The National Maritime Museum has always reached its audiences through its superb collections and its flourishing exhibition, education, research and publication programmes. Our long commitment to working with scholars from a range of academic disciplines and institutions has made a significant contribution to our efforts to make maritime and imperial history accessible to more people, and to keep it fresh and relevant to specialist and nonspecialist alike.

    Maritime Empiresis another step along the way, opening up and exploring the relationship between the British Empire and Britain’s maritime history.

    A conference of the same name, jointly organised by the Museum...

  5. Abbreviations
    (pp. xii-xii)
  6. 1 Introduction Imperial seas: cultural exchange and commerce in the British Empire 1780–1900
    (pp. 1-12)

    Was the British Empire a maritime empire? Certainly the first English empire, centred on the British islands, depended in part on sea power to transport soldiers and supplies to and from France and Ireland. The wider, overseas empire that developed from the ‘age of reconnaissance’, first in the Americas and then in Asia, relied on mastery of the seas and protection of trade routes. It also required a naval strength, developed in the seventeenth and eighteenth centuries, that could resist and thwart other competing imperial maritime powers, notably the Spanish, Dutch and the French, and then control overseas territories in...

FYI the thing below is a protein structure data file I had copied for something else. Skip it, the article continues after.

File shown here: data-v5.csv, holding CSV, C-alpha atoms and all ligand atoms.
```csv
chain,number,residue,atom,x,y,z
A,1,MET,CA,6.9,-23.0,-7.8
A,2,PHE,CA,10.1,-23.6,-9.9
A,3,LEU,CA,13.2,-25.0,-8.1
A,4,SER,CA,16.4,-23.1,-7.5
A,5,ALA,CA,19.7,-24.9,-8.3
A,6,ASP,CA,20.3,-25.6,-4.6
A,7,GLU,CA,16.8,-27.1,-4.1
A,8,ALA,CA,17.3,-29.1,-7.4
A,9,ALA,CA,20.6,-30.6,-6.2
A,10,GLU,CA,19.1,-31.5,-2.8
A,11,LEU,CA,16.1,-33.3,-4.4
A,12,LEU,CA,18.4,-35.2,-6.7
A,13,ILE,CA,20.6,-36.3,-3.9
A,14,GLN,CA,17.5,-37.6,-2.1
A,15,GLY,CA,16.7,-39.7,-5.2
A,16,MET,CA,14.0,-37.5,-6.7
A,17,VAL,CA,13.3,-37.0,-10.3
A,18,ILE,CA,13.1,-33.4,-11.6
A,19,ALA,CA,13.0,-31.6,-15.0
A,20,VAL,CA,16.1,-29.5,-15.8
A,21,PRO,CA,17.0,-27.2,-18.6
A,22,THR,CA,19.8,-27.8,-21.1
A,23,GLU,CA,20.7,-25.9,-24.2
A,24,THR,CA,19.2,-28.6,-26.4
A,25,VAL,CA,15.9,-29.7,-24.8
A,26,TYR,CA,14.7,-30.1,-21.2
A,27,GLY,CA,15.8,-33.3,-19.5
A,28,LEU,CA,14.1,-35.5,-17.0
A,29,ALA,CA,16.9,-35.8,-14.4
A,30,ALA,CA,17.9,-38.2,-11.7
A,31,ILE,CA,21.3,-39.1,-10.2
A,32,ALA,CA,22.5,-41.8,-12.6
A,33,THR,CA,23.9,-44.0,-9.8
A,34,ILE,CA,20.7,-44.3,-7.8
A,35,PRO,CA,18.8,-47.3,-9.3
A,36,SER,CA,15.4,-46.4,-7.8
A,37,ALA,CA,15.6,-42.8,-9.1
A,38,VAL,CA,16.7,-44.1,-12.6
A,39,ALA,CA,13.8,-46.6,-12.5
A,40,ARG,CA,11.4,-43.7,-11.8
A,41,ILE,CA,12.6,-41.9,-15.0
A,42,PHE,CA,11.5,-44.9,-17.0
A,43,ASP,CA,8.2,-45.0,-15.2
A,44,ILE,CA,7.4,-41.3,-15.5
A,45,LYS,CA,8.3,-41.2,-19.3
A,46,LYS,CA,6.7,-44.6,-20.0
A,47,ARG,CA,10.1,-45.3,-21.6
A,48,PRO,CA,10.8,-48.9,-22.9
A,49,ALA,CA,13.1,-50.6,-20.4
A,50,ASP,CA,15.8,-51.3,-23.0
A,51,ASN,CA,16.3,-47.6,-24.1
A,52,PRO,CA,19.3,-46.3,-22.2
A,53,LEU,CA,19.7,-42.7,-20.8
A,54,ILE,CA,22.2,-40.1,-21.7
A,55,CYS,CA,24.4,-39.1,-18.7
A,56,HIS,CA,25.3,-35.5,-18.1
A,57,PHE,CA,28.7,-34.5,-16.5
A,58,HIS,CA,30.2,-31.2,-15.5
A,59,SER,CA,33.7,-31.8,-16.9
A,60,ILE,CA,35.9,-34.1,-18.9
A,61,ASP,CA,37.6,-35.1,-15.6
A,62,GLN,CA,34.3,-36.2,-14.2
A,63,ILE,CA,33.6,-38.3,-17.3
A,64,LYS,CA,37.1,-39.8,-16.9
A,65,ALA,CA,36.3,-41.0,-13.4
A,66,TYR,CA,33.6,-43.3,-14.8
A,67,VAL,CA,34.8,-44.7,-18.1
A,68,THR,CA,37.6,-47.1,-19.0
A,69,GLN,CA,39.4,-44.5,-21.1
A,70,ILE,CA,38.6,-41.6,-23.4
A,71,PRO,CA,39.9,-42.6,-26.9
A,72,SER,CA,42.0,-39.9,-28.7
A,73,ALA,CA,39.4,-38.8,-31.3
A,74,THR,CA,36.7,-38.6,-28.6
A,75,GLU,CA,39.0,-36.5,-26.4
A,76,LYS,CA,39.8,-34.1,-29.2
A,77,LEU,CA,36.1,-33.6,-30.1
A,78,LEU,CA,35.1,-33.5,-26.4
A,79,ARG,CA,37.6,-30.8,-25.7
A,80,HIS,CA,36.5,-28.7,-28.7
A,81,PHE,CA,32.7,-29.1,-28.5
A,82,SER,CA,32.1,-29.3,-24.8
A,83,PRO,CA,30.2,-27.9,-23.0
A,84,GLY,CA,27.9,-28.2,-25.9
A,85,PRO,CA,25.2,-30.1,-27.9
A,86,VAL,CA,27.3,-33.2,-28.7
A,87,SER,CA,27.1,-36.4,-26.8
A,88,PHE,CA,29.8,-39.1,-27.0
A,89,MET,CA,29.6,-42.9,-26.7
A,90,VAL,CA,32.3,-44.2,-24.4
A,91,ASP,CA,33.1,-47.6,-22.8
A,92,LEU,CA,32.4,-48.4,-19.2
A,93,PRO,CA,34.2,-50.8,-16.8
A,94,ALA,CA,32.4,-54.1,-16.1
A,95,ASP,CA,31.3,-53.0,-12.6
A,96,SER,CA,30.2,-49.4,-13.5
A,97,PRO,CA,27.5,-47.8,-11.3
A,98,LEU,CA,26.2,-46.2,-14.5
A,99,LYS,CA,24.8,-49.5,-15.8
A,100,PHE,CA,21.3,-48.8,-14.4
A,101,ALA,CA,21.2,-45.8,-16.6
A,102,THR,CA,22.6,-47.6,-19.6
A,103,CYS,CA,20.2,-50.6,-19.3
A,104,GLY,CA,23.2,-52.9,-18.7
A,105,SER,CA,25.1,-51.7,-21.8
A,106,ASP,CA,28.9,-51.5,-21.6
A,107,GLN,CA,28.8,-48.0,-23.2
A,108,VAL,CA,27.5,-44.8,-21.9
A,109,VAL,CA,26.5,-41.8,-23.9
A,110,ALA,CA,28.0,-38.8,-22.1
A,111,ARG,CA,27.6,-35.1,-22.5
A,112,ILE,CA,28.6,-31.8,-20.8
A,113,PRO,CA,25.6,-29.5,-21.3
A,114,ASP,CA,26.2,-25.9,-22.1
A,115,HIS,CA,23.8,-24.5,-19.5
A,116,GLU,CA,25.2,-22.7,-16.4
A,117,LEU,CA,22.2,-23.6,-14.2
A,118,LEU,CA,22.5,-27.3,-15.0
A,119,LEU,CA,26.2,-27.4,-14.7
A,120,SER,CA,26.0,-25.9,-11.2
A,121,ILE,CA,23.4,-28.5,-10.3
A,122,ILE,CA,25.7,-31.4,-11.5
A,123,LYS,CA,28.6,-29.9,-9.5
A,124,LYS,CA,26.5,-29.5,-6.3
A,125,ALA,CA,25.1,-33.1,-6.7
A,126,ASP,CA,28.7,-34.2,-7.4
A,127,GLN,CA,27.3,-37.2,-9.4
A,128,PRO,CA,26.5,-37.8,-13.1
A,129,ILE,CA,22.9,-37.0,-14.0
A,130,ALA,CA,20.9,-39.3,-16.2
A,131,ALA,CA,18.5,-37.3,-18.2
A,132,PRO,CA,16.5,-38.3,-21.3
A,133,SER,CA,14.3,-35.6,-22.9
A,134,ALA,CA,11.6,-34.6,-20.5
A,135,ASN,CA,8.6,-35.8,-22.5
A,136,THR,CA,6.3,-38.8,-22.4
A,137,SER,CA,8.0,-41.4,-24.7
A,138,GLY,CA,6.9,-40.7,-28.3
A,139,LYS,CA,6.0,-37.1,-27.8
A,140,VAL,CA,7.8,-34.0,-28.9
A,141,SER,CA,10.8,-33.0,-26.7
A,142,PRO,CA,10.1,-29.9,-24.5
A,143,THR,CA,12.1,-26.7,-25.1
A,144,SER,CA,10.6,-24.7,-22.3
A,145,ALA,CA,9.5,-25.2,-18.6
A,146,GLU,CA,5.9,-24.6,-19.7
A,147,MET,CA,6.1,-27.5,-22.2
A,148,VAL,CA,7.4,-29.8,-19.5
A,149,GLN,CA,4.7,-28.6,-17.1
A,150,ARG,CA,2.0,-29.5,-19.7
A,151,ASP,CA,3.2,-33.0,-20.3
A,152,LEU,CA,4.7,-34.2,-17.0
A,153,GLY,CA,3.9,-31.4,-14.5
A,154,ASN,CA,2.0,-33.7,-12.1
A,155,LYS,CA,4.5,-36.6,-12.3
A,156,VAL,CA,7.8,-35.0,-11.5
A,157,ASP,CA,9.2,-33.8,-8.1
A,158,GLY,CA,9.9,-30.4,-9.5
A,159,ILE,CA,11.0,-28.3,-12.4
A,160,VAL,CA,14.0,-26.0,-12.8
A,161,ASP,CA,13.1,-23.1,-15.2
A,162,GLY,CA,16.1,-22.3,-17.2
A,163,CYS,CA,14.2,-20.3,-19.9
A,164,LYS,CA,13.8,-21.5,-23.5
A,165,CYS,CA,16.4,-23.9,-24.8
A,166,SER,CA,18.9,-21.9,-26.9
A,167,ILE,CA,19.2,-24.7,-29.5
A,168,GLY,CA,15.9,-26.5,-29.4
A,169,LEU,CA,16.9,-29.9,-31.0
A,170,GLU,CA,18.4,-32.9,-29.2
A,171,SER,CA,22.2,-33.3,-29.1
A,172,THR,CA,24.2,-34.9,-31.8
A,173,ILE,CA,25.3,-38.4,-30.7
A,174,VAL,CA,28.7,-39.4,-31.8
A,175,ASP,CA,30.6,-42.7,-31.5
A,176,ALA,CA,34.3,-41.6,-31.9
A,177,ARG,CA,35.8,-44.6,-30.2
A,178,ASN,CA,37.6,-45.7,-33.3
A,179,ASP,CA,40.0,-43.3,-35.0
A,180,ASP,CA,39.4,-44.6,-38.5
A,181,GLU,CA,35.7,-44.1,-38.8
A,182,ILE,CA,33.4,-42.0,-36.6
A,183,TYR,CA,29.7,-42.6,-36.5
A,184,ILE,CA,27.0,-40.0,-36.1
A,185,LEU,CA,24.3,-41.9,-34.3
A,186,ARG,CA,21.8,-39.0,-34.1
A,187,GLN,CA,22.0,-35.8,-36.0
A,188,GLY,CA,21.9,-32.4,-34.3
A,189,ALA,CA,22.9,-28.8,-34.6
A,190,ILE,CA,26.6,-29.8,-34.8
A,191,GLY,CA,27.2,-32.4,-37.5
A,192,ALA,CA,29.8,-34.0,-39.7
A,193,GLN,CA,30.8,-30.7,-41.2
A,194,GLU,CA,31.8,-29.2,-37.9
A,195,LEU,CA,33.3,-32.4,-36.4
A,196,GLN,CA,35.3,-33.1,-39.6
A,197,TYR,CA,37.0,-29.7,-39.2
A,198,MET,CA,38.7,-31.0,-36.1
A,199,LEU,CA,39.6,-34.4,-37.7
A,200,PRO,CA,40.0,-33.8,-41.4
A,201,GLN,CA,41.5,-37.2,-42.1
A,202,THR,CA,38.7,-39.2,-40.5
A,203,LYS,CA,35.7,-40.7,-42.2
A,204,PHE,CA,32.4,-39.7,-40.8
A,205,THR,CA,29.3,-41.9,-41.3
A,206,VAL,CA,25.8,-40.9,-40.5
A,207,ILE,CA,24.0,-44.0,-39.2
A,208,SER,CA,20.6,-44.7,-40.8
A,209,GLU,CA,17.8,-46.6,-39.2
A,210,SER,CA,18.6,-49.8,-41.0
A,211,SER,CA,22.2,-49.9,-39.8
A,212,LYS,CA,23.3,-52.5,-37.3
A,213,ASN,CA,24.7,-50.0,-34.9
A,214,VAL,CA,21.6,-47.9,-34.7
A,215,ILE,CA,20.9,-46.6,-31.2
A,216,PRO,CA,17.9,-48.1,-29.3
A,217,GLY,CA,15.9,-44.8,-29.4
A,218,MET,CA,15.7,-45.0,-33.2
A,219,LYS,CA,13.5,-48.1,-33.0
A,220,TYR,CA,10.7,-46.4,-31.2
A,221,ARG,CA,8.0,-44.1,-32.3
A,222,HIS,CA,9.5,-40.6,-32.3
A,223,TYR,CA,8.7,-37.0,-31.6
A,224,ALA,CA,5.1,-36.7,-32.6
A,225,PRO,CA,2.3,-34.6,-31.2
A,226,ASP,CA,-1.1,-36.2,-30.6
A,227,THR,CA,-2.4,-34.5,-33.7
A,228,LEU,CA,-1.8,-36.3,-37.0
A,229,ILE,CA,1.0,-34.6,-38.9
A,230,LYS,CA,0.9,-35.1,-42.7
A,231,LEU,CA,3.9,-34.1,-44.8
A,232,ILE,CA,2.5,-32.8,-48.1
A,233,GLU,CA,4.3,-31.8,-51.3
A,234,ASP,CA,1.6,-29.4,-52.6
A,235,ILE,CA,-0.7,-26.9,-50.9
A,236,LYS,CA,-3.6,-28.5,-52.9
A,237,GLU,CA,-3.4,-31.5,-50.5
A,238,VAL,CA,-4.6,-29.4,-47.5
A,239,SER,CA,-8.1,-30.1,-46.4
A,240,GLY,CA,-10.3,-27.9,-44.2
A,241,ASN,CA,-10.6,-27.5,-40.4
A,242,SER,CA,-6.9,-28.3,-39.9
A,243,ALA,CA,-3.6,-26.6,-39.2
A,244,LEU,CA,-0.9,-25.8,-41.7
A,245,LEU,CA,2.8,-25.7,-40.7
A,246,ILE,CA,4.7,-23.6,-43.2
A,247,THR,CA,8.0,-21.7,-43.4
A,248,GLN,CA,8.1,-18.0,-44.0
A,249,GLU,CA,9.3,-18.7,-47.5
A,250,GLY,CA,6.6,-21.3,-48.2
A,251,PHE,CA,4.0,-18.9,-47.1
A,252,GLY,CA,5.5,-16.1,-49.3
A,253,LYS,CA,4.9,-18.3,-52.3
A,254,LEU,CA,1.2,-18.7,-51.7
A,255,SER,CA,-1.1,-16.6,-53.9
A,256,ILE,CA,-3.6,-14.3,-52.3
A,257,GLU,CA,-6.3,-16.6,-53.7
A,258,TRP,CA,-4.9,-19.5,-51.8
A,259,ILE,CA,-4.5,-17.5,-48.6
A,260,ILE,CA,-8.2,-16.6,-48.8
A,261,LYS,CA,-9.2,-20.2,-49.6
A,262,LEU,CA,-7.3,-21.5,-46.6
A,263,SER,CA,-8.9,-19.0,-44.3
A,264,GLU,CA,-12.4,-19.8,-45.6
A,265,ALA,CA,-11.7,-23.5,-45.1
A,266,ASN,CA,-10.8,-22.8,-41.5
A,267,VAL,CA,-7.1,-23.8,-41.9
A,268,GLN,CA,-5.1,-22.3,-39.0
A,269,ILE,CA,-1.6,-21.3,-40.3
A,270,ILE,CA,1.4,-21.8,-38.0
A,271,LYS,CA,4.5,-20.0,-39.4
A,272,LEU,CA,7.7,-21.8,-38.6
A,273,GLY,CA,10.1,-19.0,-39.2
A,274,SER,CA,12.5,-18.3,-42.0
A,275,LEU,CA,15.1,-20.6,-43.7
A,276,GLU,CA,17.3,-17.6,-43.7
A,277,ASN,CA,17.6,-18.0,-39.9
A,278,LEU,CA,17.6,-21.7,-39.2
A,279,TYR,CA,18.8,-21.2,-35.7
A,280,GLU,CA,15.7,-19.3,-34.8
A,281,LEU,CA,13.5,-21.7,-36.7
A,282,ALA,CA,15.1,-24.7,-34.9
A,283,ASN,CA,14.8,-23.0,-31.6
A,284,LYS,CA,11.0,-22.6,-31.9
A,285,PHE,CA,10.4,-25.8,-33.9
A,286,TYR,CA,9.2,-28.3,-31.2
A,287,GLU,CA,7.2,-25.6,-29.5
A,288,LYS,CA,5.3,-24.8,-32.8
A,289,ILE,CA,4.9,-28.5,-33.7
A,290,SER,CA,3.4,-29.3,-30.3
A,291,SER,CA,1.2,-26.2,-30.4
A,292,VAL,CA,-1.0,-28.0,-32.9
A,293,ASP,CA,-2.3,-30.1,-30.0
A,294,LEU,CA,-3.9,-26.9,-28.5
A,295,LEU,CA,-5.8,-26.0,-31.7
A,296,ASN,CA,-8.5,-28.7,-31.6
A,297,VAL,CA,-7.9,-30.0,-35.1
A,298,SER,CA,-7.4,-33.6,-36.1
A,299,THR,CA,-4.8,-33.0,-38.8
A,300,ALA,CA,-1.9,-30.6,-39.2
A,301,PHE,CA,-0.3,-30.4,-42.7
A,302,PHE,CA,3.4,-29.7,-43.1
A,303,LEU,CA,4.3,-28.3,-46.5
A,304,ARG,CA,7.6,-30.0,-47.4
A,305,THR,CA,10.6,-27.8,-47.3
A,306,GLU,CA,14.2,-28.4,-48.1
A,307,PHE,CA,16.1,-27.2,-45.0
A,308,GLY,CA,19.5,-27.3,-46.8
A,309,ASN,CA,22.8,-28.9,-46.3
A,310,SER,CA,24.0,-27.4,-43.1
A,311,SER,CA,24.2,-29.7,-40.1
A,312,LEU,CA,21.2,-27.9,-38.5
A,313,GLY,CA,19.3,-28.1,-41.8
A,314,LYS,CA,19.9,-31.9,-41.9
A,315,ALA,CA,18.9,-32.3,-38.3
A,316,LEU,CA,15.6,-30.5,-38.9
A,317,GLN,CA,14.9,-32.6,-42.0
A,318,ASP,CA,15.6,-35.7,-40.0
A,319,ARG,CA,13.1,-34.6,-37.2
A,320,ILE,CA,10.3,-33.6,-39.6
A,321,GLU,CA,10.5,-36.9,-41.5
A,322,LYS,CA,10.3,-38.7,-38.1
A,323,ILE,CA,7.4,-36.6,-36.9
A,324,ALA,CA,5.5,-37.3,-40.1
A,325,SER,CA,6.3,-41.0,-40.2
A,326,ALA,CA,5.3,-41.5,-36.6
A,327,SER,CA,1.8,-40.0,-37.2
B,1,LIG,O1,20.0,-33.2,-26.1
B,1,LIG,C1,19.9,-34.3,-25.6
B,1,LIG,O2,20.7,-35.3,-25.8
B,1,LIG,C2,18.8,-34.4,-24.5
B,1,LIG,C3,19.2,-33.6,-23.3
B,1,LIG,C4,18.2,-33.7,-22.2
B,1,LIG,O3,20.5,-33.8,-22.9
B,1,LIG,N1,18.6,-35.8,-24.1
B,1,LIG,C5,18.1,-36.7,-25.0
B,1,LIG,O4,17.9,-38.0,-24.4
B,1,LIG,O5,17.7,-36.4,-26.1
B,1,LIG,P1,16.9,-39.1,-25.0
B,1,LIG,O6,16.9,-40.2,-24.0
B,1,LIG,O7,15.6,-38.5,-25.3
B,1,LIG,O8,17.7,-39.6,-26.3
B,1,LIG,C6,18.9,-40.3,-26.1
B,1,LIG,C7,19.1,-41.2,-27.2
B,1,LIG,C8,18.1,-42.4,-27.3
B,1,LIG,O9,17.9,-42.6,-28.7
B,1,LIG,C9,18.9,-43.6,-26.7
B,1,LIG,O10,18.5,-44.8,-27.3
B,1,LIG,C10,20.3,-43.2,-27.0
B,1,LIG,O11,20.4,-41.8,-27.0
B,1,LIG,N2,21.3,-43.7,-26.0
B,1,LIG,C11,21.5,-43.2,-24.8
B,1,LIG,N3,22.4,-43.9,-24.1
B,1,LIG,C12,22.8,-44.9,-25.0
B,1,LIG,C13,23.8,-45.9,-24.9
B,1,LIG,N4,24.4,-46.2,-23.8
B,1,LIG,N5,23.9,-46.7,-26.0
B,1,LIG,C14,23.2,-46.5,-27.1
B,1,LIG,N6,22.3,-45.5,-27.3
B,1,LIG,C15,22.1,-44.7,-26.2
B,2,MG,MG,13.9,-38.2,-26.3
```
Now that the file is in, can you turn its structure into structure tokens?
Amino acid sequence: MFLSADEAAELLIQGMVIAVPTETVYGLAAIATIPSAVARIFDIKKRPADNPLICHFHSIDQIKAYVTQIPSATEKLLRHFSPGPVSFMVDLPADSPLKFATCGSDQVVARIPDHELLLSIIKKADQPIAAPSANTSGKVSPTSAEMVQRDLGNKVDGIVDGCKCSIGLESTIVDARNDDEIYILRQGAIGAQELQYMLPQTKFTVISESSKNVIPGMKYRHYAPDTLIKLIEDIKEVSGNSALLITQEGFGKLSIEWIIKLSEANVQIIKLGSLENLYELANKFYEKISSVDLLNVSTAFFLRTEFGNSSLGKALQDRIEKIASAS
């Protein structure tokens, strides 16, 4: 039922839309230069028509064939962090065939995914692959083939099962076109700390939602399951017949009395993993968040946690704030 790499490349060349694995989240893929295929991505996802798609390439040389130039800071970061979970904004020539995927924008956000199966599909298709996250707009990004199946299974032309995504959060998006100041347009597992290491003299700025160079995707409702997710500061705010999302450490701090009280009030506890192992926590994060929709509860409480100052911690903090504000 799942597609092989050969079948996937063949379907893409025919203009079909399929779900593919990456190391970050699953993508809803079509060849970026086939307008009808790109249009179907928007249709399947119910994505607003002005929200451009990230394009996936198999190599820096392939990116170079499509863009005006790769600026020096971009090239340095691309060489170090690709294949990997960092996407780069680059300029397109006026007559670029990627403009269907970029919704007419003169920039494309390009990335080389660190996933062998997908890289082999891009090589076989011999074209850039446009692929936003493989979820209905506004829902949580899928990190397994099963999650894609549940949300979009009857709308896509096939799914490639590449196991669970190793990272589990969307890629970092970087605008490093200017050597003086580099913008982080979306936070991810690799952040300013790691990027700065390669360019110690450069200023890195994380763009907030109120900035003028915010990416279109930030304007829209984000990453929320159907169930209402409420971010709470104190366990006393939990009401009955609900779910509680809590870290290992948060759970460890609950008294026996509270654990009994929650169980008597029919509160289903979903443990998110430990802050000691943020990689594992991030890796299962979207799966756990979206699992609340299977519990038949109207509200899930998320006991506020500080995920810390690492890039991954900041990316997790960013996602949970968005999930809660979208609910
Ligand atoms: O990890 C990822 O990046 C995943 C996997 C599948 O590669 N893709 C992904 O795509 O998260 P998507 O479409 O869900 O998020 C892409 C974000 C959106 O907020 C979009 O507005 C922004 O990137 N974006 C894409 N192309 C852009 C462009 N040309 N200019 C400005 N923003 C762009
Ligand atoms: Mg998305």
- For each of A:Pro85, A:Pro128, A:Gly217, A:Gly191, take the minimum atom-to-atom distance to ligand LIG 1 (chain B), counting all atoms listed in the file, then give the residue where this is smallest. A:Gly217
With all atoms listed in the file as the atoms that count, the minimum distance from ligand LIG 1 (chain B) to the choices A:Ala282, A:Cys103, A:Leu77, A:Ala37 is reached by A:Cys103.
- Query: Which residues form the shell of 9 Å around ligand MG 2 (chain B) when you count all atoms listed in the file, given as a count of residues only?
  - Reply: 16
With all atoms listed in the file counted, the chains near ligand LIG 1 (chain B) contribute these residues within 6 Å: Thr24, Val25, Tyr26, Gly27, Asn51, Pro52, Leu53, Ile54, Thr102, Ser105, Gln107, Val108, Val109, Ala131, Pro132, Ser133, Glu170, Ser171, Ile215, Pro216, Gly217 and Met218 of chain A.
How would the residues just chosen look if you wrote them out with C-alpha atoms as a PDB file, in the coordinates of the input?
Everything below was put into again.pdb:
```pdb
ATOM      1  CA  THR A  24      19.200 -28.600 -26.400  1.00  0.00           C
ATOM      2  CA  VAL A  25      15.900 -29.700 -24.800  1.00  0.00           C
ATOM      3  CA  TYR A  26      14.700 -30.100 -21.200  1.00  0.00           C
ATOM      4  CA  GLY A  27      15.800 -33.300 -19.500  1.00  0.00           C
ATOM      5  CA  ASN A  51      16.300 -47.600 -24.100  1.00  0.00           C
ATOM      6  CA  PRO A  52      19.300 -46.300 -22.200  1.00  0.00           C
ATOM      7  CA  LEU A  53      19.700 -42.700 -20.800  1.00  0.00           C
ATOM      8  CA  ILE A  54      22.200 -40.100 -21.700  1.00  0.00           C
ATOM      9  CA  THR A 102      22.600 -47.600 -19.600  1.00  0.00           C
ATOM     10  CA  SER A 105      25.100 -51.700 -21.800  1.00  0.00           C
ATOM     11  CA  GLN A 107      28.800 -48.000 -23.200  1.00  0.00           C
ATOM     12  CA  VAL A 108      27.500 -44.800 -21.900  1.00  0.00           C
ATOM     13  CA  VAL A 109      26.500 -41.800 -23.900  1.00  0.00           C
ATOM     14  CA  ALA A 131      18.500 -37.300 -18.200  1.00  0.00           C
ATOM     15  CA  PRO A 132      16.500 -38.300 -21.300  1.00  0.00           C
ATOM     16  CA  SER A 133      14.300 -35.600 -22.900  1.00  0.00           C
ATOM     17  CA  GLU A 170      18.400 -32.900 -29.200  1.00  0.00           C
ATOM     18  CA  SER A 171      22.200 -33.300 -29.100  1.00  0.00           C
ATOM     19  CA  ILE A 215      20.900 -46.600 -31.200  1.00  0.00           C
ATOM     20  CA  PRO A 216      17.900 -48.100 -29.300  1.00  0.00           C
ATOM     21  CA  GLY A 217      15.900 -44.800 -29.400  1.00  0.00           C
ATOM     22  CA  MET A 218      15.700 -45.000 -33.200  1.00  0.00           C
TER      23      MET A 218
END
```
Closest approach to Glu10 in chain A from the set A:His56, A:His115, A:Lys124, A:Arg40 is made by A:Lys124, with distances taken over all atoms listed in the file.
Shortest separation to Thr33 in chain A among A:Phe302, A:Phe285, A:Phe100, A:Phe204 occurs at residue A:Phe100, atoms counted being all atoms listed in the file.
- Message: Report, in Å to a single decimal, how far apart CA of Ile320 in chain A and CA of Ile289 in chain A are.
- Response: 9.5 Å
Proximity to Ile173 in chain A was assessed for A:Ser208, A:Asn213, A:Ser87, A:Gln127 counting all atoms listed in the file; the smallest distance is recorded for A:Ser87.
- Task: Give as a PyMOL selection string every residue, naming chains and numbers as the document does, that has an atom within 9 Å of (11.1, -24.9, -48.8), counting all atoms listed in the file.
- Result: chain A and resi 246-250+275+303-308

7. 2 From slaves to palm oil: Afro-European commercial relations in the Bight of Biafra, 1741–1841
    (pp. 13-29)

    Britain’s abolition of its slave trade in 1807 and its subsequent efforts to suppress slave carrying by other countries had an important impact on Afro-European relations in West Africa. In the Bight of Biafra, the external pressure to end slave exports led to expanding exports of other products, even while exports of slaves continued, legally or otherwise. The local merchants who had once supplied British merchants before 1808 were able to shift their business to non-British slave traders, at least until 1841, at the same time as exports of palm oil expanded to meet rising British demand for industrial raw...